Jason Shepherd

Jason Shepherd
University of Utah | UOU · Department of Neurobiology and Anatomy

Ph.D

About

57
Publications
15,878
Reads
How we measure 'reads'
A 'read' is counted each time someone views a publication summary (such as the title, abstract, and list of authors), clicks on a figure, or views or downloads the full-text. Learn more
7,458
Citations
Introduction
My lab is interested in elucidating the fundamental cellular and molecular processes that underlie memory formation. In particular we are interested in the elucidation of the protein machinery at the synapse that governs long-term storage of information, and how basic cell biological processes have been elaborated in neurons for the purpose of modulating synaptic transmission. In addition, we are interested in how these processes go awry in neurological diseases.
Additional affiliations
July 2019 - present
University of Utah
Position
  • Professor (Associate)
Description
  • Tenured PI of a research lab
April 2015 - present
University of Utah
Position
  • Adjunct Assistant Professor
July 2013 - present
University of Utah
Position
  • Adjunct Assistant Professor
Education
January 2003 - March 2007
Johns Hopkins University
Field of study
  • Cellular and Molecular Medicine
January 1999 - December 2002
University of Otago
Field of study
  • Neuroscience

Publications

Publications (57)
Article
Full-text available
The neuronal gene Arc is essential for long-lasting information storage in the mammalian brain, mediates various forms of synaptic plasticity, and has been implicated in neurodevelopmental disorders. However, little is known about Arc's molecular function and evolutionary origins. Here, we show that Arc self-assembles into virus-like capsids that e...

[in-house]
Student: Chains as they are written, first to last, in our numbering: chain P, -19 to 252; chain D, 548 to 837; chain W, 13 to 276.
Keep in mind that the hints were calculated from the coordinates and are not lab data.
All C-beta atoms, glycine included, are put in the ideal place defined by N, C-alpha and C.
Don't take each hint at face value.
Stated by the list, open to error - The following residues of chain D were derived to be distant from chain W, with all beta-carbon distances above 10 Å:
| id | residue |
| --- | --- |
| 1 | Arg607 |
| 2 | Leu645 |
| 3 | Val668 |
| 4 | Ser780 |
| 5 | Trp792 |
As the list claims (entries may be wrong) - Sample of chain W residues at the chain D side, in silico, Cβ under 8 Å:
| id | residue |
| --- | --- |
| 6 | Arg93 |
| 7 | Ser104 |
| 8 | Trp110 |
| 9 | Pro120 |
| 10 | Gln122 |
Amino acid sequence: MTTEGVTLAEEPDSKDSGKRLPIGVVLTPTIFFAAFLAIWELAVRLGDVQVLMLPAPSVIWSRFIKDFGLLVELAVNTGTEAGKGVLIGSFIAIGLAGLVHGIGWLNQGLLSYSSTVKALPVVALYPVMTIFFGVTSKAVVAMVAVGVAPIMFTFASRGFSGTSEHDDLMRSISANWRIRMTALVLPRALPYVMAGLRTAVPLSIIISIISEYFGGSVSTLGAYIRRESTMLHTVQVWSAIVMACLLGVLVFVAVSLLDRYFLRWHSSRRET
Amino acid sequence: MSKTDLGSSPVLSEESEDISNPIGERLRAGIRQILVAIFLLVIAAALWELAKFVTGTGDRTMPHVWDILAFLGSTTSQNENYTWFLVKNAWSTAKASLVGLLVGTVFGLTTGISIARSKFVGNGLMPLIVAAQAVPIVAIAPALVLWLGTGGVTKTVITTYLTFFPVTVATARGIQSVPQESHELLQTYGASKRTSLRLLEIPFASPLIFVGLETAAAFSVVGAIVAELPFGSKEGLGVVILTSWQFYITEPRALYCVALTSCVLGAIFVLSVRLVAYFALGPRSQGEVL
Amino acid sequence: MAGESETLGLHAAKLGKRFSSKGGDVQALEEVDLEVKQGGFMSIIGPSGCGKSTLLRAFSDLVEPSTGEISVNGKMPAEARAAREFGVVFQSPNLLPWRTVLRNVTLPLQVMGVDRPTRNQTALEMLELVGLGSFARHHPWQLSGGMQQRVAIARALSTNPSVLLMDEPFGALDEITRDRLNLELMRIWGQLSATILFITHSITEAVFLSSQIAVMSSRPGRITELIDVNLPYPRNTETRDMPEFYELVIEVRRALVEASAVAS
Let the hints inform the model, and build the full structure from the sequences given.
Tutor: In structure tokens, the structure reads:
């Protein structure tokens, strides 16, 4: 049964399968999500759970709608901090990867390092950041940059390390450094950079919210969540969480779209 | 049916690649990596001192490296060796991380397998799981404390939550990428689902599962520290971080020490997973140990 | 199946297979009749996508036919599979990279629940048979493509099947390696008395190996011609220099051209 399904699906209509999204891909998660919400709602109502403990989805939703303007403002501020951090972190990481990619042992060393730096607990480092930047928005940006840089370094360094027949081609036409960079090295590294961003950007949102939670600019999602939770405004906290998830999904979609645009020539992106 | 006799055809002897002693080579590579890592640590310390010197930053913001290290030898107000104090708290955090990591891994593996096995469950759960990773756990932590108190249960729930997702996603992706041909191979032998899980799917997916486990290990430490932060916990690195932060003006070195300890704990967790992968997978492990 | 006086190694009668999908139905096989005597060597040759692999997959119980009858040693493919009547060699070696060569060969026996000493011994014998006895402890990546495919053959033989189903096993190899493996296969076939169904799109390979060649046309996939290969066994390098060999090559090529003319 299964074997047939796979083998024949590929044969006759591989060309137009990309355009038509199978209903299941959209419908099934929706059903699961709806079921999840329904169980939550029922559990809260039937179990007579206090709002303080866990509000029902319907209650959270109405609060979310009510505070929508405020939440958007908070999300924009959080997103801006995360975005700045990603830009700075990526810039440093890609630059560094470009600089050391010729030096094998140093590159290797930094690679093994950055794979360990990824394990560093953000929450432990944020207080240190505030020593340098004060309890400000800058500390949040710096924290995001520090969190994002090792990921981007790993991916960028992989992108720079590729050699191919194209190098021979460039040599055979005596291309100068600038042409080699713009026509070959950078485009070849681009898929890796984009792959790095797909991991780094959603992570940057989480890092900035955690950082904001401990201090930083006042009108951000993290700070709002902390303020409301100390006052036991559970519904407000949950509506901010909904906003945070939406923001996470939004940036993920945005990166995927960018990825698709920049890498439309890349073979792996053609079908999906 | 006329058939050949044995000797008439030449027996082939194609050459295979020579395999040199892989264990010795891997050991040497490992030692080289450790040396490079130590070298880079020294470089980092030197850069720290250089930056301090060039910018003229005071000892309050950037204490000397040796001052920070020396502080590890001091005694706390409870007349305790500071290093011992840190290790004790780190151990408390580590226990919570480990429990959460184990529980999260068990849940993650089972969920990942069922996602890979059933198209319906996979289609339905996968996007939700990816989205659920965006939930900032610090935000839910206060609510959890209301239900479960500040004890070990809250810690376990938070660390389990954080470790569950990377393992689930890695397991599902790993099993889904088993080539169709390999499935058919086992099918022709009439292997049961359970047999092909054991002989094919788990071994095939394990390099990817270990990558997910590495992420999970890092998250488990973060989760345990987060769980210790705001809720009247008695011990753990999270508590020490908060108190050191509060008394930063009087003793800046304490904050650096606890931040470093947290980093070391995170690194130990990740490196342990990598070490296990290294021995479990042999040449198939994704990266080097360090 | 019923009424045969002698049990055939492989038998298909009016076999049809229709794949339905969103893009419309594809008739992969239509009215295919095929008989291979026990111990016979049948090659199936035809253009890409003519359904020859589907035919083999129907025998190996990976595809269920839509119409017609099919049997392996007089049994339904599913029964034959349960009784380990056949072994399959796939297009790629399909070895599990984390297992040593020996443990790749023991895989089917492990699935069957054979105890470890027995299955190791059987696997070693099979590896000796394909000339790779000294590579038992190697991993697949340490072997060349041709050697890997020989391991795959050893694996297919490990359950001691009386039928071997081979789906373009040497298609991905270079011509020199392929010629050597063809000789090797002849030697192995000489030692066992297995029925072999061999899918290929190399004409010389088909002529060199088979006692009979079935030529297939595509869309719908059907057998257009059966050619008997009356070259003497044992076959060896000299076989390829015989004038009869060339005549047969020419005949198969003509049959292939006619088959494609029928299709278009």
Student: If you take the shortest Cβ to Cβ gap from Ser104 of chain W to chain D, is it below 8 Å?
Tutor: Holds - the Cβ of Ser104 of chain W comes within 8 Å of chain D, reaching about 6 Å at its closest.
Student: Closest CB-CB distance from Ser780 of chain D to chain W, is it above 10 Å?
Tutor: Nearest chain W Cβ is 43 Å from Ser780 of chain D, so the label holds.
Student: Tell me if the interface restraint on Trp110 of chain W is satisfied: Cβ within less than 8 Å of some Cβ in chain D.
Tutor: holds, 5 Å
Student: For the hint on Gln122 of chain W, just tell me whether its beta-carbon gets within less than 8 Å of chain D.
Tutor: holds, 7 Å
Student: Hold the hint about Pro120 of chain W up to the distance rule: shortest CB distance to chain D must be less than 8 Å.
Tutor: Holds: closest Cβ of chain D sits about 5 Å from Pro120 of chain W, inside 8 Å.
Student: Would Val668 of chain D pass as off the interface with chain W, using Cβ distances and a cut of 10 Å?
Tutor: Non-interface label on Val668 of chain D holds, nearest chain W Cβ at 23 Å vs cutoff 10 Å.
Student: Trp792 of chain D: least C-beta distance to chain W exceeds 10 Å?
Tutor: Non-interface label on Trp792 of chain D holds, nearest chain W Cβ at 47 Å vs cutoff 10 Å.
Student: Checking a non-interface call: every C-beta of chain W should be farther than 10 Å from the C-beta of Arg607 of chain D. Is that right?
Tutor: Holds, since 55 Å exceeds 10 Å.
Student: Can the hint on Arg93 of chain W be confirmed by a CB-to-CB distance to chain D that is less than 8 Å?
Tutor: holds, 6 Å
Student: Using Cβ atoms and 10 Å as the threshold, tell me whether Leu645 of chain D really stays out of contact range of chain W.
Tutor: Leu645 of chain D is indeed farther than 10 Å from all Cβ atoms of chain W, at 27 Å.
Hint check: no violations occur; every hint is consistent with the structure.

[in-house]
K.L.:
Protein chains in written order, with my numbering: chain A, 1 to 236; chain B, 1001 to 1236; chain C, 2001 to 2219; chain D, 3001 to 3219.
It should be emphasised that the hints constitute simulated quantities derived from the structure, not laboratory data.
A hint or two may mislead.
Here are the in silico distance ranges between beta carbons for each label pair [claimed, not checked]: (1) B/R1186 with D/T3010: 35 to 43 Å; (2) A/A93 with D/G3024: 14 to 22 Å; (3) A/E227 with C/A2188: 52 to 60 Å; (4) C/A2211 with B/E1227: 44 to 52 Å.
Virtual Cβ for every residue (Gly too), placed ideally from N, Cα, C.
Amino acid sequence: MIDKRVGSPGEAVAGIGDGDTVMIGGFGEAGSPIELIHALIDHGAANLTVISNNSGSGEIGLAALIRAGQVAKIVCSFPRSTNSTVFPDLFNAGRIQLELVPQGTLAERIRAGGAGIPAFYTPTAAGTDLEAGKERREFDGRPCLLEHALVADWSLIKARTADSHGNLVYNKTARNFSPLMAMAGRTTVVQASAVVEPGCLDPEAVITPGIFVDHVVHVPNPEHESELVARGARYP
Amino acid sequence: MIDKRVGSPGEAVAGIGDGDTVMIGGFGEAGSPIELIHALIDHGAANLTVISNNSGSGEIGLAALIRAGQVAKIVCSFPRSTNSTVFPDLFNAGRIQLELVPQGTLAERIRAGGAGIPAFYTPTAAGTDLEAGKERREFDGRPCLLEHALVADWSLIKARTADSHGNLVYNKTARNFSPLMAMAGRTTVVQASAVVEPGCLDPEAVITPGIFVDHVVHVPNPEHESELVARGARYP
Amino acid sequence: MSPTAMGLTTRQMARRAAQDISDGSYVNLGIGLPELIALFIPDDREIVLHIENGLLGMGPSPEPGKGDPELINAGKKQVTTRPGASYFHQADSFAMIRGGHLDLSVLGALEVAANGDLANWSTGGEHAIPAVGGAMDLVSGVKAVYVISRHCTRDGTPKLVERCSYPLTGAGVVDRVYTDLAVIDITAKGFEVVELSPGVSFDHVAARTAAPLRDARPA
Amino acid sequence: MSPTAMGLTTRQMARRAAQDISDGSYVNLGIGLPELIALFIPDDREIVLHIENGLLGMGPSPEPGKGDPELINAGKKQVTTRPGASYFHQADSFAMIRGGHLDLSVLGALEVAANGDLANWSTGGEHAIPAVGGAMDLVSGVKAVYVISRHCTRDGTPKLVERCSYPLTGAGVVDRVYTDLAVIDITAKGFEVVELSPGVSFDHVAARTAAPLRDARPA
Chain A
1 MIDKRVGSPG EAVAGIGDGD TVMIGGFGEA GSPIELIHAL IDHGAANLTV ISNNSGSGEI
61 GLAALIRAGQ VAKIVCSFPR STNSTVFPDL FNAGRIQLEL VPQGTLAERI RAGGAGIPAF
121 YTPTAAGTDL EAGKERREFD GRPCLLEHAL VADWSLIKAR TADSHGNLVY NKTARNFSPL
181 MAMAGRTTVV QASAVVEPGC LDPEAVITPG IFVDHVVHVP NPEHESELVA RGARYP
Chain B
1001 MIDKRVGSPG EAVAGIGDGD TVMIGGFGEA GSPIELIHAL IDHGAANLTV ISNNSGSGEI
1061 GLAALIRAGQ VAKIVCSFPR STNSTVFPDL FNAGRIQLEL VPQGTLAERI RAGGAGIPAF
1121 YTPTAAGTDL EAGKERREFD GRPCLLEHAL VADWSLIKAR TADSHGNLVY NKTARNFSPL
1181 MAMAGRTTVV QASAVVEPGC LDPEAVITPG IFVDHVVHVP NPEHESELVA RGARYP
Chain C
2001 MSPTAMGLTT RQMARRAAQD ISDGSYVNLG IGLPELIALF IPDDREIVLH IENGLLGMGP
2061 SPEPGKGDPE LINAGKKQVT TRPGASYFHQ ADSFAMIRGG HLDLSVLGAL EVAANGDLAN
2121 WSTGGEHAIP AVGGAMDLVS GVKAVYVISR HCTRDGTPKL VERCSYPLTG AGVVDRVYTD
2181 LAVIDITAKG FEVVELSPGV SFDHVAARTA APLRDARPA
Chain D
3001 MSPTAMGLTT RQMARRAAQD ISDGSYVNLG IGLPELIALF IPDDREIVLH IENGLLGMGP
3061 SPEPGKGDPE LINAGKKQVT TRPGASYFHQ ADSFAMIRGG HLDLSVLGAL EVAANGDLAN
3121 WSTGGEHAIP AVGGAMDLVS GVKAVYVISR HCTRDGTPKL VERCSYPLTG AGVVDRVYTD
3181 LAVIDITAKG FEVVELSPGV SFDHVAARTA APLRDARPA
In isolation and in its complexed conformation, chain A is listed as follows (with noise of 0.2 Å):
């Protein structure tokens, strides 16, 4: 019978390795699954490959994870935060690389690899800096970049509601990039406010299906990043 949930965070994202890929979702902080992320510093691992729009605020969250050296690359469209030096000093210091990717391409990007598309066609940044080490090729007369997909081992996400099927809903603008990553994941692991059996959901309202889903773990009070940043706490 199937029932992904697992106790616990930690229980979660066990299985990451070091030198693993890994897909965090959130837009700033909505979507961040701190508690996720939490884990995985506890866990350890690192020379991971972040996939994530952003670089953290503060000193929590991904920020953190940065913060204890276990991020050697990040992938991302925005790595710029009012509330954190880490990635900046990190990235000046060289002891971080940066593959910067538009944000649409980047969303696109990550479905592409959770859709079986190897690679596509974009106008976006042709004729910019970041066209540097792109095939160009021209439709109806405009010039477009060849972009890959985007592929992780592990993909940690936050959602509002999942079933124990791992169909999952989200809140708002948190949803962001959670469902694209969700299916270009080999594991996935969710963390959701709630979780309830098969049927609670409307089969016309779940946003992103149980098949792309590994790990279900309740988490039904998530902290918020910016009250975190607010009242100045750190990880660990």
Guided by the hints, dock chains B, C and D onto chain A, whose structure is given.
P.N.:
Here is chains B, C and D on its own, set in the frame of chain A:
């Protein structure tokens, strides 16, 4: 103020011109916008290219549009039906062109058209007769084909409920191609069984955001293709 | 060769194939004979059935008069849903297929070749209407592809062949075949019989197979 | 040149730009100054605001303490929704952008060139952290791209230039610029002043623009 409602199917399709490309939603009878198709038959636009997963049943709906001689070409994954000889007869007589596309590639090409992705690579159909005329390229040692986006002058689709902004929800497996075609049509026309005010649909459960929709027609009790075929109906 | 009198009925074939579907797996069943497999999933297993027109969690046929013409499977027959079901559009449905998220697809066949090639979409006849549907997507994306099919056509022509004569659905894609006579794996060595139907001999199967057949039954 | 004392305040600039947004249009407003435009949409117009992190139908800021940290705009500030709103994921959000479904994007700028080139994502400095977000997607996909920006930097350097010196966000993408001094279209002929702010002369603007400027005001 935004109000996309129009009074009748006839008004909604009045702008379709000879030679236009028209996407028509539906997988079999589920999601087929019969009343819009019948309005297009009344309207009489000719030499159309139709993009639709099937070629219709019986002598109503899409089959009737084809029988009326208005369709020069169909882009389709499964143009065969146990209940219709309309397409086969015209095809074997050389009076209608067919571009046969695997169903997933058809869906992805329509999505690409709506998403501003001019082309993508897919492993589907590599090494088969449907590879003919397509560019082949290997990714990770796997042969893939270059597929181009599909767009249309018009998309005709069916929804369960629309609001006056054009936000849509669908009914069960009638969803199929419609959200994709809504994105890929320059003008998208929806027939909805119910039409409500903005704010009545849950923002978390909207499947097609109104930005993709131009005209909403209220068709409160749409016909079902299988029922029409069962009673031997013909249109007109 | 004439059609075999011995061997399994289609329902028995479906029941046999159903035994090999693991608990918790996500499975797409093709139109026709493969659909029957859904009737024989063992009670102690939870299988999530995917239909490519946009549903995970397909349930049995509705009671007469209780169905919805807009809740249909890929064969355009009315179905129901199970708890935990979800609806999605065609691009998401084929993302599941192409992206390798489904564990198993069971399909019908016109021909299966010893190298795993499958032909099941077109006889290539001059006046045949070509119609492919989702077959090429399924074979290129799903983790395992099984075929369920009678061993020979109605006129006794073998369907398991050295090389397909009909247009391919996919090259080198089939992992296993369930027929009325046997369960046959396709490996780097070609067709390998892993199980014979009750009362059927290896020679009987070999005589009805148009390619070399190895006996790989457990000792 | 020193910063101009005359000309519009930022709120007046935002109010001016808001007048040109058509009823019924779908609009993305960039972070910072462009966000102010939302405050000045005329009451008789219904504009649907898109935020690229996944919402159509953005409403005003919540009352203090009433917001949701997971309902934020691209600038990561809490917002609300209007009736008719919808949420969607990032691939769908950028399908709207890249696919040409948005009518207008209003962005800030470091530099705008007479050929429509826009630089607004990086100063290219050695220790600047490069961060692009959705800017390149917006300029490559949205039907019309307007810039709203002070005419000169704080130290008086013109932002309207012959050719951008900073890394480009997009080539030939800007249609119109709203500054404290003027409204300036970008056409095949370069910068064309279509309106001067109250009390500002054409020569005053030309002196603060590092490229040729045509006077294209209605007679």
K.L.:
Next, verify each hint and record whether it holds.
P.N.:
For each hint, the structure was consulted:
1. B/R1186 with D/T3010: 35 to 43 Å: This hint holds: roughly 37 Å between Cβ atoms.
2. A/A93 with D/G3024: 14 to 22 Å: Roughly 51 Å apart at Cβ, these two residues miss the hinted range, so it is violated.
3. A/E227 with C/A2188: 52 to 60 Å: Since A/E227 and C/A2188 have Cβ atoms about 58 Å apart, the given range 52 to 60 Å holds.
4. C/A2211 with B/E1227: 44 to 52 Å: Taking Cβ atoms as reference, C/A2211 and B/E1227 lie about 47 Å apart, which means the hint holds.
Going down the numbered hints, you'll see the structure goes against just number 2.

Article
Full-text available
The development of neuronal circuits requires both hard-wired gene expression and experience-dependent plasticity. Sensory processing, such as binocular vision, is especially sensitive to perturbations of experience. We investigated the experience-dependent development of the binocular visual cortex at single-cell resolution by using two-photon cal...
Article
Full-text available
Neuronal activation induces rapid transcription of immediate early genes (IEGs) and longer-term chromatin remodeling around secondary response genes (SRGs). Here, we use high-resolution chromosome-conformation-capture carbon-copy sequencing (5C-seq) to elucidate the extent to which long-range chromatin loops are altered during short- and long-term...
Article
Viruses and transposable elements are major drivers of evolution and make up over half the sequences in the human genome. In some cases, these elements are co-opted to perform biological functions for the host. Recent studies made the surprising observation that the neuronal gene Arc forms virus-like protein capsids that can transfer RNA between ne...
Article
Full-text available
Arc, a neuronal gene that is critical for synaptic plasticity, originated through the domestication of retrotransposon Gag genes and mediates intercellular messenger RNA transfer. We report high-resolution structures of retrovirus-like capsids formed by Drosophila dArc1 and dArc2 that have surface spikes and putative internal RNA-binding domains. T...
Preprint
Foraging involves innate decision heuristics that are adapted for the wild but can cause economically irrational cognitive biases in some contexts. The mechanisms underlying cognitive biases are poorly understood but likely involve genetic mechanisms. Here, we investigate foraging in fasted mice using a naturalistic paradigm and uncover an innate "...
Article
Injury responses require communication between different cell types in the skin. Sensory neurons contribute to inflammation and can secrete signaling molecules that affect non-neuronal cells. Despite the pervasive role of translational regulation in nociception, the contribution of activity-dependent protein synthesis to inflammation is not well un...
Article